jk z


(z > h)
ATM 0 AJ1 TM 0 a

Set
J1 TM 0 a 0
121
RSW: Principle of Operation (cont.)
y

TM a x1n
a 0

x
M s
For TM11 mode: 1.842
x11

TM a 1.842
0

Patch resonance: k1a 1.842

Note: TM 0 k1 (The RSW patch is too big to be resonant.)


122
RSW: Principle of Operation (cont.)
z feed
b
shorted annular ring
o
a
x a b
h

ground plane feed

SIDE VIEW TOP VIEW

TM b 1.842
0

The radius a is chosen to make the patch resonant:


k1 x11
J1
J1 k1a kTM 0

Y1 k1a k1 x11
Y1
kTM
0
123
RSW: Reducing Lateral Wave
y

b V0
x M s cos
h
M s

1 jk0
Lateral-Wave Field: E LW
ALW cos 2 e

z
(z = h)

ALW BJ1 k0b

Set J1 k0b 0
124
RSW: Reducing Space Wave
y
V0
M s cos
h
a
x
M s
Assume no substrate outside of patch:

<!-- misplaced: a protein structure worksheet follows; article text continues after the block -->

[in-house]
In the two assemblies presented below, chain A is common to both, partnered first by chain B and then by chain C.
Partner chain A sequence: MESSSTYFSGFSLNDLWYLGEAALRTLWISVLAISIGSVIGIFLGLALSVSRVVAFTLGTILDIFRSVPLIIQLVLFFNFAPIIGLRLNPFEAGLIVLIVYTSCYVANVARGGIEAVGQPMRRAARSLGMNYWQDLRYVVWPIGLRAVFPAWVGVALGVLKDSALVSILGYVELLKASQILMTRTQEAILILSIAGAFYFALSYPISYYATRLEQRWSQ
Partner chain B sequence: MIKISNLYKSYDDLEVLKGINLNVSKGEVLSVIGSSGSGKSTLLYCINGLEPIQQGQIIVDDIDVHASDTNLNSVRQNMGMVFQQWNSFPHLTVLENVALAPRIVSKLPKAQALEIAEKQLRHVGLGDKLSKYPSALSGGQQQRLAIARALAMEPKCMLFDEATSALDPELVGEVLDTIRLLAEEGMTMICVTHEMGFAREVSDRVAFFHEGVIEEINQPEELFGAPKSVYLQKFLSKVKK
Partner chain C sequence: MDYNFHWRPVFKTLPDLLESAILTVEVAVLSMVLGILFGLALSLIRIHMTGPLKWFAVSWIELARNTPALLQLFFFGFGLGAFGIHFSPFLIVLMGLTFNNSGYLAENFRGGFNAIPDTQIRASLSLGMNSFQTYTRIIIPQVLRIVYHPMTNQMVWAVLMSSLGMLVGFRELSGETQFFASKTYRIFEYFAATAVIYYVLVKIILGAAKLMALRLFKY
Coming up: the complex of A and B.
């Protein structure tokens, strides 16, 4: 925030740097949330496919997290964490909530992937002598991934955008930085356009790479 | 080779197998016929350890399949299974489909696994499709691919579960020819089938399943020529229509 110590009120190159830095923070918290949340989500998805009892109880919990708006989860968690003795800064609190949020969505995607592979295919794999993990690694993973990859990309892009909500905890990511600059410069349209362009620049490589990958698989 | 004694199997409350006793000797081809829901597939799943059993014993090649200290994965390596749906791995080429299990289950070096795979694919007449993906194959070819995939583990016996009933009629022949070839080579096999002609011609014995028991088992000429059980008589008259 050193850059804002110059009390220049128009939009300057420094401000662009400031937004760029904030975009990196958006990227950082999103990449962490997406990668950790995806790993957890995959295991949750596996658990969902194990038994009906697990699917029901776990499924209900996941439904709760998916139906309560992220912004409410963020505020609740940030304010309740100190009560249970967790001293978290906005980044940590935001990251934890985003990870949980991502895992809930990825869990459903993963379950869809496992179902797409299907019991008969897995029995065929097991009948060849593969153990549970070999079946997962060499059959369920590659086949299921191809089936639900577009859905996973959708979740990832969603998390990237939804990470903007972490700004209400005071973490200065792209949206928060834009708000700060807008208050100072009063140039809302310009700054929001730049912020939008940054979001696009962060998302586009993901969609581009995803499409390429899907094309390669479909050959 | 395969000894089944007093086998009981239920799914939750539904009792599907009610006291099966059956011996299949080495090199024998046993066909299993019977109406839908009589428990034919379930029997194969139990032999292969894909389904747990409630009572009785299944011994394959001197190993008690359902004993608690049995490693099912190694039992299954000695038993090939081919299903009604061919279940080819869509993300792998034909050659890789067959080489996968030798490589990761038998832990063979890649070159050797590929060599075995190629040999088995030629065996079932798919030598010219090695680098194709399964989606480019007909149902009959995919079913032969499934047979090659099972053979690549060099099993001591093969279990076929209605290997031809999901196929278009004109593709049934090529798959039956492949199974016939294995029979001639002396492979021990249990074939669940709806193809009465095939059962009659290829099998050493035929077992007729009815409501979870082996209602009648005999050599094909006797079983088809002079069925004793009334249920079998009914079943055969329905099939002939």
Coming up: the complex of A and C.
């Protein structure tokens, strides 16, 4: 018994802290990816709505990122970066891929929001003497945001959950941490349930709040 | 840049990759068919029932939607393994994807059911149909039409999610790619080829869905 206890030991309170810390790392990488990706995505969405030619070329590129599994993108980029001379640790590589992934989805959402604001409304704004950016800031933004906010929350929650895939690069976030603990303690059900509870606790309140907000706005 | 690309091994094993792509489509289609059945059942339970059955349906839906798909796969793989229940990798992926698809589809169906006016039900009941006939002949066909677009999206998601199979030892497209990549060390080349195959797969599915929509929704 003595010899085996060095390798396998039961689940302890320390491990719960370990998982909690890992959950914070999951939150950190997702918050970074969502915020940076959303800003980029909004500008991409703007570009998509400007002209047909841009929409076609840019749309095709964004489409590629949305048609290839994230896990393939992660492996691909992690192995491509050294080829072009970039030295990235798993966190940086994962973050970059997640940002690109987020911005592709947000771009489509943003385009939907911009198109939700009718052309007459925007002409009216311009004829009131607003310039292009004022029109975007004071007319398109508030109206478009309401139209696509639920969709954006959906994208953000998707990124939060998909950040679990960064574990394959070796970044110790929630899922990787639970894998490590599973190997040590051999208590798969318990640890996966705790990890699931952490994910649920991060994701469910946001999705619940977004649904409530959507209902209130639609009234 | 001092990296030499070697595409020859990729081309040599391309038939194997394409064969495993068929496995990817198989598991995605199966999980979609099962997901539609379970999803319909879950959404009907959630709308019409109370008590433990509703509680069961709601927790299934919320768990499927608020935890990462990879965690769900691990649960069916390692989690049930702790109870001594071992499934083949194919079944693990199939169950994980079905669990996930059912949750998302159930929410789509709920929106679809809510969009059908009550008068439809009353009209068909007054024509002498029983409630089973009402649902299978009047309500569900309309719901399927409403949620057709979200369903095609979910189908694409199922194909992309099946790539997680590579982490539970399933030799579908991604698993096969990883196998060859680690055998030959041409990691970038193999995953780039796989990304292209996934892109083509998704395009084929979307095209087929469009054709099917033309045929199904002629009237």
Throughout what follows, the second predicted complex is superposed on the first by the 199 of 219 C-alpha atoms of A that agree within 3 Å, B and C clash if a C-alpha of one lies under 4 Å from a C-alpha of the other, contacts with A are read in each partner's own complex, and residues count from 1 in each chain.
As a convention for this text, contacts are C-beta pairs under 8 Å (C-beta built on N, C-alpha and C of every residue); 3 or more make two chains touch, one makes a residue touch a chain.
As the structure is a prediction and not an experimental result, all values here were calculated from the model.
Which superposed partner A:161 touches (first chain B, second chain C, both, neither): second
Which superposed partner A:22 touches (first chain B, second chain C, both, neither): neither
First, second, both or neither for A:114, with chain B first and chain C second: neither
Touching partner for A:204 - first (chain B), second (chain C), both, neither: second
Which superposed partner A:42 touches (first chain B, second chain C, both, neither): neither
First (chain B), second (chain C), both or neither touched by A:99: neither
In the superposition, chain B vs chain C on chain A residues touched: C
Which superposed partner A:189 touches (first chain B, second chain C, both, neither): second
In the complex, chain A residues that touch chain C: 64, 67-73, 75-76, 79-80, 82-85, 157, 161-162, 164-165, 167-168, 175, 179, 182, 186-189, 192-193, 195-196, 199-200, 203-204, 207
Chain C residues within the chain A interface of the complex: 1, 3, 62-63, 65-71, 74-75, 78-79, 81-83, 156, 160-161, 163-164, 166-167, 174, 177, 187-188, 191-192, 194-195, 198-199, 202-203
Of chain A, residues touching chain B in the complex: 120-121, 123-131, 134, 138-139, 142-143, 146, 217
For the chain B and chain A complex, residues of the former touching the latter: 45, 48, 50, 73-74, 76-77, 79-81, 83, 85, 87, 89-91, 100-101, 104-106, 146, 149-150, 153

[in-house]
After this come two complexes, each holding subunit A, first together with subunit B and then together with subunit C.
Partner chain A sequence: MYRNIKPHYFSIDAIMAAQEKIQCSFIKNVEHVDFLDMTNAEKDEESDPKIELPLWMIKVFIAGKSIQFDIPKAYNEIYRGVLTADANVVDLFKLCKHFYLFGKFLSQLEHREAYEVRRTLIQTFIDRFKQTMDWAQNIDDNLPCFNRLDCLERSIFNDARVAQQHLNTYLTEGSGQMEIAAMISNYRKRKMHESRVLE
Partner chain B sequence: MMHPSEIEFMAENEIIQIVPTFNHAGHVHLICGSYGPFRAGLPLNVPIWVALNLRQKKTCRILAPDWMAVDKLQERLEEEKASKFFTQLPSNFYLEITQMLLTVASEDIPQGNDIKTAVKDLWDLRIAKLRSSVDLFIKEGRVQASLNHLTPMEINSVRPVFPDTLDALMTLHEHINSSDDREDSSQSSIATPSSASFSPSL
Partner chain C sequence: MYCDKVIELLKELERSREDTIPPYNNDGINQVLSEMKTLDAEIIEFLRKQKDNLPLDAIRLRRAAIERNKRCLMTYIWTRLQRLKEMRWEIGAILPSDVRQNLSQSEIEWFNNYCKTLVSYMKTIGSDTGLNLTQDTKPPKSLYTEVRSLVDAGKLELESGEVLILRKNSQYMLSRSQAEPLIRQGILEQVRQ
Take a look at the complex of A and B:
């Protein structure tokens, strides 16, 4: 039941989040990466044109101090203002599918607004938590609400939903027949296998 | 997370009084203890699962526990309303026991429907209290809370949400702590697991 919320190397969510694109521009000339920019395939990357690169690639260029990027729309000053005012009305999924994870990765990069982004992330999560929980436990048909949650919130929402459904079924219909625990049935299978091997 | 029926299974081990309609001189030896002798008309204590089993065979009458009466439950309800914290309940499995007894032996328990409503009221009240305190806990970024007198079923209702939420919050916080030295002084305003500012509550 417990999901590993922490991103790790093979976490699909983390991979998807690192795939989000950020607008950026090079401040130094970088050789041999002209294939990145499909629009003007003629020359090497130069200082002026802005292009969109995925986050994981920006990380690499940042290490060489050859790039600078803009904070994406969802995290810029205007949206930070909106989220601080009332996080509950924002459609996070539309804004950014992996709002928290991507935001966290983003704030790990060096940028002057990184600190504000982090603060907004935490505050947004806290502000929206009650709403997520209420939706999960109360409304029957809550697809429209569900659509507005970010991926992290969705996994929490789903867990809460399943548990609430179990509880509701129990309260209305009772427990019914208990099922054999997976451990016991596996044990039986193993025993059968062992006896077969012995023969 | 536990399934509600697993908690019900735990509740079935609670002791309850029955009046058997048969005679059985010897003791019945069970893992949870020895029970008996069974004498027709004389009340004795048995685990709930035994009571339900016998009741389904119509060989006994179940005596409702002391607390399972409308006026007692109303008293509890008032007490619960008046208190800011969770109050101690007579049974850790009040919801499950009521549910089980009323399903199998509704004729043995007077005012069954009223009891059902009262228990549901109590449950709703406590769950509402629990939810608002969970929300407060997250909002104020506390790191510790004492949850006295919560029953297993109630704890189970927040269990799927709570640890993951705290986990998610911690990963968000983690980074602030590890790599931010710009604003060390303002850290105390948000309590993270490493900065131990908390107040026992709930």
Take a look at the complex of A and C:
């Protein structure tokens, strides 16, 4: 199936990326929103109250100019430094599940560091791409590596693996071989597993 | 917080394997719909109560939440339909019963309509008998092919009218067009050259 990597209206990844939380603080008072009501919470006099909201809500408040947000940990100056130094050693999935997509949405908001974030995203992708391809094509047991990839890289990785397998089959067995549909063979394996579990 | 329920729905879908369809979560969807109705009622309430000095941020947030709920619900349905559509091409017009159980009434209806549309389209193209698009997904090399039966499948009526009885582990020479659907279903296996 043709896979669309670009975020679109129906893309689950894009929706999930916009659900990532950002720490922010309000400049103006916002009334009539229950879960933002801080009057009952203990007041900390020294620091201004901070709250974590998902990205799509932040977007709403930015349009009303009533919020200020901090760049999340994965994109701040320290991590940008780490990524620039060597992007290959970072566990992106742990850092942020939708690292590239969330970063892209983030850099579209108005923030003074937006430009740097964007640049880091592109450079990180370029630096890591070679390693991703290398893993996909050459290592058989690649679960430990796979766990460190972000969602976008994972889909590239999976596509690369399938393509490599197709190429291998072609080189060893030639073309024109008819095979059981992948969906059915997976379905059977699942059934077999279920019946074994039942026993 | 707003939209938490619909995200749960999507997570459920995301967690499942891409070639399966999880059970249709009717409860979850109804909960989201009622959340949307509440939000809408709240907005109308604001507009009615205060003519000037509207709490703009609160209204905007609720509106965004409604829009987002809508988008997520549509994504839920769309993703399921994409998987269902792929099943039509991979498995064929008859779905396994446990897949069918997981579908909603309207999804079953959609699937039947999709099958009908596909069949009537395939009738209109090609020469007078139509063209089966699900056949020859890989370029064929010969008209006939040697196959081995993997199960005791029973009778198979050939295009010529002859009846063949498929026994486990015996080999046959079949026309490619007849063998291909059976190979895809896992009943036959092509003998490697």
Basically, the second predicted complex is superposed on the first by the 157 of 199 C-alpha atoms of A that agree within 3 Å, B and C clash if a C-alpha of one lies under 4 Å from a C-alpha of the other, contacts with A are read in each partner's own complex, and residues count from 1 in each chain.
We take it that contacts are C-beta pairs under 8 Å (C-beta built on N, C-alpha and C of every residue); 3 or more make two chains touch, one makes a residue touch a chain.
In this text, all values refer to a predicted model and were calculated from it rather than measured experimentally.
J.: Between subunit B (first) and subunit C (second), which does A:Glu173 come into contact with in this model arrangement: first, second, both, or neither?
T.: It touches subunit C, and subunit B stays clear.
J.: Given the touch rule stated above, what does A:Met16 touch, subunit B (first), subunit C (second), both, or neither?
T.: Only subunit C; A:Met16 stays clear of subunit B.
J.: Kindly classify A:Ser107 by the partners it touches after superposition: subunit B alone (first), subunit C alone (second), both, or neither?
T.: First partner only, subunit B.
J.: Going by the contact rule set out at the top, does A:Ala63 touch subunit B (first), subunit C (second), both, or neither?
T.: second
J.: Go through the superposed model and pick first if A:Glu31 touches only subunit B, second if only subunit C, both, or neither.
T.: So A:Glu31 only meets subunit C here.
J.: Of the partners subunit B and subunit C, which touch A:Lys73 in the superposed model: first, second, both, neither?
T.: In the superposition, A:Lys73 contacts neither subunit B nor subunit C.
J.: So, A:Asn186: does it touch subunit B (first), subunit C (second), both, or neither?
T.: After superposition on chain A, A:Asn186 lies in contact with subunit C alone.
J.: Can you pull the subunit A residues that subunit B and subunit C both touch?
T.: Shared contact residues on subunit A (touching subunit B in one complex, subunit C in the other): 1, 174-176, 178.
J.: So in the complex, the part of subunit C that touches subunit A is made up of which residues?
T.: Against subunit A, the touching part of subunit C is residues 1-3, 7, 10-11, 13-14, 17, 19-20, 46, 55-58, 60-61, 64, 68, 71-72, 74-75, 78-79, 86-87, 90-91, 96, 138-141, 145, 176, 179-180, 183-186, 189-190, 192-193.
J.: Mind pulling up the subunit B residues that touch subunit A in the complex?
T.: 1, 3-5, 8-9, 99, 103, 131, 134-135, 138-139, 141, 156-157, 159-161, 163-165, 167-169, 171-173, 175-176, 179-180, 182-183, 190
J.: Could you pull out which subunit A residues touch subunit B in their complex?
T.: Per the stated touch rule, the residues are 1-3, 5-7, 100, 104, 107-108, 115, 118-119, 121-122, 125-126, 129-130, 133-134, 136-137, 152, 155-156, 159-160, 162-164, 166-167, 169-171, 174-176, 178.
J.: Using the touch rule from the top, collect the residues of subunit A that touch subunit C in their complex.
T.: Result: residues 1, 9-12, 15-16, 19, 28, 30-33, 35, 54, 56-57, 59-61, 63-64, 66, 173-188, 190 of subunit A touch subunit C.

1 jk0
Space-Wave Field: EzSP ASP cos e
(z = h)

ASP CJ1 k0b

Set J1 k0b 0
125
RSW: Thin Substrate Result
y
For a thin substrate:
a
x TM k0
0

M s

The same design reduces both surface-wave and


lateral-wave fields (or space-wave field if there is no
substrate outside of the patch).

126
RSW: E-plane Radiation Patterns
Measurements were taken on a 1 m diameter circular ground plane at
1.575 GHz.
Measurement
0 Theory 0

30 -30 30 -30

-10 -10

60 -20 -60 60 -20 -60

-30 -30

-40 -30 -20 -10 -40 -30 -20 -10


90 -90 90 -90

120 240 120 240

150 210 150 210

180 180

conventional RSW
127
RSW: Mutual Coupling

Reducing surface-wave excitation and lateral radiation


reduces mutual coupling.

space-wave radiation

lateral radiation

surface waves

128
RSW: Mutual Coupling (cont.)
Reducing surface-wave excitation and lateral radiation reduces mutual coupling.

0
RSW - Measured
-10 E-plane
RSW - Theory
-20
Conv - Measured
-30 Conv - Theory

-40
S12 [dB]

-50

-60

-70

-80

-90

-100
0 1 2 3 4 5 6 7 8 9 10
Separation [Wavelengths]

Mutual Coupling Between Reduced Surface-Wave Microstrip Antennas, M. A. Khayat, J.


T. Williams, D. R. Jackson, and S. A. Long, IEEE Trans. Antennas and Propagation, Vol.
48, pp. 1581-1593, Oct. 2000. 129